Tom is now a more-or-less free-lance writer, selling his articles to whatever magazine will buy them. I spoke with him awhile this September at The Pure Stock Drags and he remains interested in our Studebakers as much as anything; a good guy to have on our side. His articles now appear just about anywhere, although he is doing a lot of writing for Amos Press through their Cars & Parts and Muscle Car Enthusiast magazines.

                  Muscle Car Enthusiast Editor Steve Statham was at The Pure Stock Drags taking many photos. I don't know when they'll have a feature article on the 2007 Pure Stock Drags, but I am sure they will. With our many Studebakers there [again!], I'm sure we will have favorable coverage therein.

                  Meanwhile, we are getting regular Studebaker articles in Hemmings Classic Car and Hemmings Muscle Machines. That is the most important coverage because they are the foremost publishers in the collector car field; Hemmings Classic Car paid circulation has topped 100,000 per month! I just reviewed an unusual 1953-1954 Studebaker Champion Buyer's Guide (of all things) for Hemmings Classic Car that will appear within a month or two.

                  Talk about irony. What was their reasoning for publishing a 1953-1954 Champion Buyer's Guide? They felt popular collectable Studebakers [read: R-powered cars] were getting so expensive, they wanted to assure would-be hobbyists that you could have the famous Studebaker style and uniqueness without spending an arm and a leg!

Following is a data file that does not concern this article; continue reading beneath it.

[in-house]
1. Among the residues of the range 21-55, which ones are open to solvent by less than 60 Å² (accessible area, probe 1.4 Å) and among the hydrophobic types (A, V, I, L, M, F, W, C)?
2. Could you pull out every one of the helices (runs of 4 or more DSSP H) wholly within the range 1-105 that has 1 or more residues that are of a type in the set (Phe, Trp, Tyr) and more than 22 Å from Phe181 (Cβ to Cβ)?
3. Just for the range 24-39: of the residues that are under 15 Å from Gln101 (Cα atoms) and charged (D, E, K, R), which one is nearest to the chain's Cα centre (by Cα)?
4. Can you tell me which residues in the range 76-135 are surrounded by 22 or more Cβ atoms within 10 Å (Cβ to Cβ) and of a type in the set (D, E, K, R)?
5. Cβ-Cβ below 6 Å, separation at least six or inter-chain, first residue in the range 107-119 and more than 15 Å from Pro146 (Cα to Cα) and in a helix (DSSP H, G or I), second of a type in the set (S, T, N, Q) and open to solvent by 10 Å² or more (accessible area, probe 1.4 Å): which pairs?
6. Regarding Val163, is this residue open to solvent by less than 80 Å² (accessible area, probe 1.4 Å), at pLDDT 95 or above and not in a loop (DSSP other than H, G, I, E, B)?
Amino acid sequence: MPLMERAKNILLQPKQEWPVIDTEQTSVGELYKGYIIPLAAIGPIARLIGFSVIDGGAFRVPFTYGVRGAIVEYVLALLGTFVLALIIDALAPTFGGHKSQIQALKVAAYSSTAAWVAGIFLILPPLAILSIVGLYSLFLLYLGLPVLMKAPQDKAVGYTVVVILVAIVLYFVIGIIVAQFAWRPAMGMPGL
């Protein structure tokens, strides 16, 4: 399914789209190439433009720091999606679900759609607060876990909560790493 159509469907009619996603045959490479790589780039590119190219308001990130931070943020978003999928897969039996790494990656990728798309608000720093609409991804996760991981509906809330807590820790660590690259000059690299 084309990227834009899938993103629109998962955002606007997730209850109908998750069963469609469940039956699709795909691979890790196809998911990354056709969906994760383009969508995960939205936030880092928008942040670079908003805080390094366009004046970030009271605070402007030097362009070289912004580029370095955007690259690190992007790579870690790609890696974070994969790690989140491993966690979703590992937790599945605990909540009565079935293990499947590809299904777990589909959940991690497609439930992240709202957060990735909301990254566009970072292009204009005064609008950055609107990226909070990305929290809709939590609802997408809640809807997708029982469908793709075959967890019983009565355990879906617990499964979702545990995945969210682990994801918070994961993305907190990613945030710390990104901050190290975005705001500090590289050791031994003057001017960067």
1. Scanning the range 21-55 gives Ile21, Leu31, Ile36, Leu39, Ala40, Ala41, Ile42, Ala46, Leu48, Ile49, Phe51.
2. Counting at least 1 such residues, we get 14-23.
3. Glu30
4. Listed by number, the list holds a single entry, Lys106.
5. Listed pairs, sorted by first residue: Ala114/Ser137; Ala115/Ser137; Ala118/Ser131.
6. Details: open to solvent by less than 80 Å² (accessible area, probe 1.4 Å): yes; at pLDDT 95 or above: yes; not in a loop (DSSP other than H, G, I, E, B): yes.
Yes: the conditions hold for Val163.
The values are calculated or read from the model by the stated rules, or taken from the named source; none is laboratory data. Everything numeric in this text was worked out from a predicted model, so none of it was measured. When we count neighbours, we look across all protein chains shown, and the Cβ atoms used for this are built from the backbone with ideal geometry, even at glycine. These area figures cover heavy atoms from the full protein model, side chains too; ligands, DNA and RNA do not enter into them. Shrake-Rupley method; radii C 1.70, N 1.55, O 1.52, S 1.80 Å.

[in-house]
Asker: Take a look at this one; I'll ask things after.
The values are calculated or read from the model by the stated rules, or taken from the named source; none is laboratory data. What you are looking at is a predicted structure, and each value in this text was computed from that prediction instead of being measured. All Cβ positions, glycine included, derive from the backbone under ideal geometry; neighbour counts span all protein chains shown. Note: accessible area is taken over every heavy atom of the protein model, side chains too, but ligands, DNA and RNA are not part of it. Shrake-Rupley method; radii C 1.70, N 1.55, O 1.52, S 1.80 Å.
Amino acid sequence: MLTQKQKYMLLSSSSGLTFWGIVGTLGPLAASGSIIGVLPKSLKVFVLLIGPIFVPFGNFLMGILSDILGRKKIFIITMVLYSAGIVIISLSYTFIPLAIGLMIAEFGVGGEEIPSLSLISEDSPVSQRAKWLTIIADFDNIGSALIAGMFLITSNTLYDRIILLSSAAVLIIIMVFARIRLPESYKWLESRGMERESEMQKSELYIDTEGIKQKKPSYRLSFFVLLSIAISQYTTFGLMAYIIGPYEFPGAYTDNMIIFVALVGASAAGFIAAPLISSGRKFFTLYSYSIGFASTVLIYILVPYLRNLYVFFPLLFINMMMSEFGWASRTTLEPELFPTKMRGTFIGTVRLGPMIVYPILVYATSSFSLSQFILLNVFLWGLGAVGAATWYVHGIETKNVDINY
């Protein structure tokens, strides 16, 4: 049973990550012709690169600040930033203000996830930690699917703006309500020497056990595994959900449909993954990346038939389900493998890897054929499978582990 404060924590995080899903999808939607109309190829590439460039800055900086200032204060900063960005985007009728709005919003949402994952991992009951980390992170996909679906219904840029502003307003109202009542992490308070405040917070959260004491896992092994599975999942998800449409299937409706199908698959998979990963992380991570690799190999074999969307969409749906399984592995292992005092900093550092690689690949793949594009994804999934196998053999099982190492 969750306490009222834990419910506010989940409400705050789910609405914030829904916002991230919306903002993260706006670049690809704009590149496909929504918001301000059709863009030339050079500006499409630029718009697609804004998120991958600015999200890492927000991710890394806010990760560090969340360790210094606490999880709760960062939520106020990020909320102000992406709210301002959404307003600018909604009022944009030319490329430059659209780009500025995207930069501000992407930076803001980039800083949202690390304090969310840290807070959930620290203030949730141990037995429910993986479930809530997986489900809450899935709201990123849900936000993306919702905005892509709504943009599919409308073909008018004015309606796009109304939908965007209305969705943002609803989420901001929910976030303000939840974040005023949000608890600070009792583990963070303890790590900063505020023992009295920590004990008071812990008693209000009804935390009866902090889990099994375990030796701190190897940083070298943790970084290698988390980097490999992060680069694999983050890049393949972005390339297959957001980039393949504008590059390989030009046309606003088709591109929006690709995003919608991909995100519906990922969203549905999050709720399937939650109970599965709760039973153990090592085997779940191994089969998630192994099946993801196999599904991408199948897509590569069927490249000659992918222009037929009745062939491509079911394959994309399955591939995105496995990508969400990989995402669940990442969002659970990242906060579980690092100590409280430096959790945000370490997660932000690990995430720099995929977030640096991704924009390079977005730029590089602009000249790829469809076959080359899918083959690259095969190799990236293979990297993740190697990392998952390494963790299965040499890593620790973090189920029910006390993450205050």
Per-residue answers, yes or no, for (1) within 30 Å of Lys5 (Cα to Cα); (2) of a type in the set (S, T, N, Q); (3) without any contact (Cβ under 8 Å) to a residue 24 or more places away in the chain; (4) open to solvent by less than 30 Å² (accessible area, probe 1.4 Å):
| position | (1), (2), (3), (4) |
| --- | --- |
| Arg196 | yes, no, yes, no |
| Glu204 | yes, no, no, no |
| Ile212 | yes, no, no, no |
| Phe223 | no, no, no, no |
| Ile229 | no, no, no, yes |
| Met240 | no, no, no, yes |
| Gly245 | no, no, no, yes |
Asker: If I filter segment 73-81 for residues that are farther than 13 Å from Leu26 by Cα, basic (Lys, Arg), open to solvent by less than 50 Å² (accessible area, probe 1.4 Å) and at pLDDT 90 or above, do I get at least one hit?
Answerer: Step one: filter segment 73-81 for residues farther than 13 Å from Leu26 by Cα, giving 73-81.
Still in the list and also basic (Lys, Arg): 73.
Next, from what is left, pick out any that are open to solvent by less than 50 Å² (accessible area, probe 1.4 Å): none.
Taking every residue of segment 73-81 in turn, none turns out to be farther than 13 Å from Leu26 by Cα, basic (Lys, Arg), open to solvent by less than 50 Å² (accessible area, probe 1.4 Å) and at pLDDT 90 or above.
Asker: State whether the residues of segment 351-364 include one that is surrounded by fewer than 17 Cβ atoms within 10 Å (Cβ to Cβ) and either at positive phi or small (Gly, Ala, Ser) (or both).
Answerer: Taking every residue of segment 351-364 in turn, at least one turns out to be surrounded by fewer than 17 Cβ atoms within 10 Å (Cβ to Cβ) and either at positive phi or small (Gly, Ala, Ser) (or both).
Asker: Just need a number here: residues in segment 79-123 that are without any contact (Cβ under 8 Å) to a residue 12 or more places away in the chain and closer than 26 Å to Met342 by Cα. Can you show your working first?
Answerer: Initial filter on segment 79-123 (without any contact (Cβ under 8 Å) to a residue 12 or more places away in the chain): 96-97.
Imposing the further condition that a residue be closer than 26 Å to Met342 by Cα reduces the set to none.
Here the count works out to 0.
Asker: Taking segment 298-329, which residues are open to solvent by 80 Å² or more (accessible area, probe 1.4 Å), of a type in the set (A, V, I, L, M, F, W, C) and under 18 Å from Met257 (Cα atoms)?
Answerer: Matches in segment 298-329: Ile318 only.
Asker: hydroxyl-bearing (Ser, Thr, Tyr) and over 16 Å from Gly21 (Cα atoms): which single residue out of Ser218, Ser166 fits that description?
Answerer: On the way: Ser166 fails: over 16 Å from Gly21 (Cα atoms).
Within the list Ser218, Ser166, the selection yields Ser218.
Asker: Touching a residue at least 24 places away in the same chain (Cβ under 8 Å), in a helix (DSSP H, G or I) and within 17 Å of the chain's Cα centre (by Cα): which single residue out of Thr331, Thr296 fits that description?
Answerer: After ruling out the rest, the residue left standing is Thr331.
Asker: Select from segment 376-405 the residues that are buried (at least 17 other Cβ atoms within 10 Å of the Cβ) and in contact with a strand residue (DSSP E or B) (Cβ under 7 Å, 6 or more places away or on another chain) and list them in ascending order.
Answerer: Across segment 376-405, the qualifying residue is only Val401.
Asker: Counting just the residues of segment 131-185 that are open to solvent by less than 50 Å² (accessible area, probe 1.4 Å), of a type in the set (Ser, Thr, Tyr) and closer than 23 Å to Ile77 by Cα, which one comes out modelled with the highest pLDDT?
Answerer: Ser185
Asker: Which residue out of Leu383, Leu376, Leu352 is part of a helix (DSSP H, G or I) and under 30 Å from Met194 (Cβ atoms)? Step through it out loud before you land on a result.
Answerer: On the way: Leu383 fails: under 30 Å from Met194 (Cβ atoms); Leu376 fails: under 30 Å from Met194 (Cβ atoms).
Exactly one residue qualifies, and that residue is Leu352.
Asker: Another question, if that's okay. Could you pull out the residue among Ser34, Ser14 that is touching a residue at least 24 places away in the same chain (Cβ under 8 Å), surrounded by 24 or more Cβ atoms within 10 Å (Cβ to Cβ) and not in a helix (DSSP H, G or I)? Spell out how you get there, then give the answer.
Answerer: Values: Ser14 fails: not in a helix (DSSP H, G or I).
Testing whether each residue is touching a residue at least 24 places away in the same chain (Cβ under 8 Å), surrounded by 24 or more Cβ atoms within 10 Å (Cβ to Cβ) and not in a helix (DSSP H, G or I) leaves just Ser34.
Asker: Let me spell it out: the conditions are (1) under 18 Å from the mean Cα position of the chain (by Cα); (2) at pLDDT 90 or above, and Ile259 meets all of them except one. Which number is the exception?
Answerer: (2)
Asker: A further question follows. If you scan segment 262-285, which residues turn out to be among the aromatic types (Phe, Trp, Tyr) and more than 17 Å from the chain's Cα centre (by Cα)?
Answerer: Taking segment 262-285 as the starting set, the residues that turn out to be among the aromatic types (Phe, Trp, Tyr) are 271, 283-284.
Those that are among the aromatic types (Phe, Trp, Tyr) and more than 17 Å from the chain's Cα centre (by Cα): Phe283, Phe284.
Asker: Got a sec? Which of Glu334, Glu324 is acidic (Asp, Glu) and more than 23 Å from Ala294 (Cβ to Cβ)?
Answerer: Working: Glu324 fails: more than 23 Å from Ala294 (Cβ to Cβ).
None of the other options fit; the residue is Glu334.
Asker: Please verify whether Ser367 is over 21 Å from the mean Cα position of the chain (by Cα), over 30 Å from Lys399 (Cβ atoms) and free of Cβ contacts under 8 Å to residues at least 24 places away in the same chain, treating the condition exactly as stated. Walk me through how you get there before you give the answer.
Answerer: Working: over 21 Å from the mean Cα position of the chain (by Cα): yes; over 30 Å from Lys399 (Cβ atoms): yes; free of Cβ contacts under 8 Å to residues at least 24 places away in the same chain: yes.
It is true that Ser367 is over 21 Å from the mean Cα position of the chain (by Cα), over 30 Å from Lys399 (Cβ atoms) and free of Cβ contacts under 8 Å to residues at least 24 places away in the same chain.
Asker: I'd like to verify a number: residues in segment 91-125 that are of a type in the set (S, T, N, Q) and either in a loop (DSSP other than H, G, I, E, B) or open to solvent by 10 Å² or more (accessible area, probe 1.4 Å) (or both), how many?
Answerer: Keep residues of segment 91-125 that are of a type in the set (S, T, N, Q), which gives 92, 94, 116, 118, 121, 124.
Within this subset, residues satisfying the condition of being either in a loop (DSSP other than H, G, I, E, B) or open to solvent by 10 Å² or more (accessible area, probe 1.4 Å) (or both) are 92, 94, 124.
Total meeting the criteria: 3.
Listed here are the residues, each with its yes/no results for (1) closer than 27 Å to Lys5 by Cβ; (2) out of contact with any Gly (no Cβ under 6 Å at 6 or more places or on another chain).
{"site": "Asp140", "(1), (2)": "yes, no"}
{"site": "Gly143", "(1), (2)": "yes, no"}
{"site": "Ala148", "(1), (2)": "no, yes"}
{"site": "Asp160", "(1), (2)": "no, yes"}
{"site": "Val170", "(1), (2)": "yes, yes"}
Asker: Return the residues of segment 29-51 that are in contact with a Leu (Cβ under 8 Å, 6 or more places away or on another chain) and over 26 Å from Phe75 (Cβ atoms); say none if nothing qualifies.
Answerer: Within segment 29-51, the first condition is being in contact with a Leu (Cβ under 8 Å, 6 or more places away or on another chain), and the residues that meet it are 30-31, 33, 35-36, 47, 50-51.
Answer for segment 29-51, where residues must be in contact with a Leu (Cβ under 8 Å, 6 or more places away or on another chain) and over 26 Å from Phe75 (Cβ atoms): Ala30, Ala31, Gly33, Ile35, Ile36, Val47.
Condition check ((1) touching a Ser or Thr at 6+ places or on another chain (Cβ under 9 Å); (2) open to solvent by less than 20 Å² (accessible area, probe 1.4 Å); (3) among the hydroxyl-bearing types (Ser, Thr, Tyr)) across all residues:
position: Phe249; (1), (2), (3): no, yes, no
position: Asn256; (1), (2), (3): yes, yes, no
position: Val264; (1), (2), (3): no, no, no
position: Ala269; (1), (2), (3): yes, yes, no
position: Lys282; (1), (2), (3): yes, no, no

Across the aisle at Hemmings Muscle Machines, a "Weekend Warrior" retro article is on the docket for the Ray Tanner Whistler R2/4-speed 1963 Lark Regal briefly mentioned in the recent HMM article on Ted Harbit's Stude Tomato. I fortunately retained my correspondence and photos from 1963, when I wrote Ray Tanner [at age 17, remember!] about the car and received a nice 2-page letter and photos from them with lots of information about the car and its National Record-setting in AHRA's A/Compact Stock class. One of the writers at Hemmings has been in contact and wants to use that material for a one-page "Weekend Warrior" review of period drag race cars. [][]

                  (Meanwhile, if anyone knows the whereabouts of Ray Tanner's Whistler, it would be great to locate the actual car! Its present whereabouts are unknown [V] to the best of my knowledge...and that of Nelson Bove, which is really saying something! All my photos of it are black & white, but research has led us to believe it was Blue Mist 1963 Lark Regal 2-door, Serial Number 63V15969, shipped with engine #JTS1412 under the hood. Body Number is thought to be 63V-F4 746. It would be great to locate this car [], last seen professionally lettered up as a drag race competitor where delivered in the Phoenix AZ area. Any junk yard dogs patrolling the yards in Arizona, be on the lookout! [:I])

                  So progress continues despite ill-advised remarks such as those published under Robert Genat's name, here. (I wonder if wei
                  We've got to quit saying, "How stupid can you be?" Too many people are taking it as a challenge.

                  Ayn Rand:
                  "You can avoid reality, but you cannot avoid the consequences of avoiding reality."

                  G. K. Chesterton: This triangle of truisms, of father, mother, and child, cannot be destroyed; it can only destroy those civilizations which disregard it.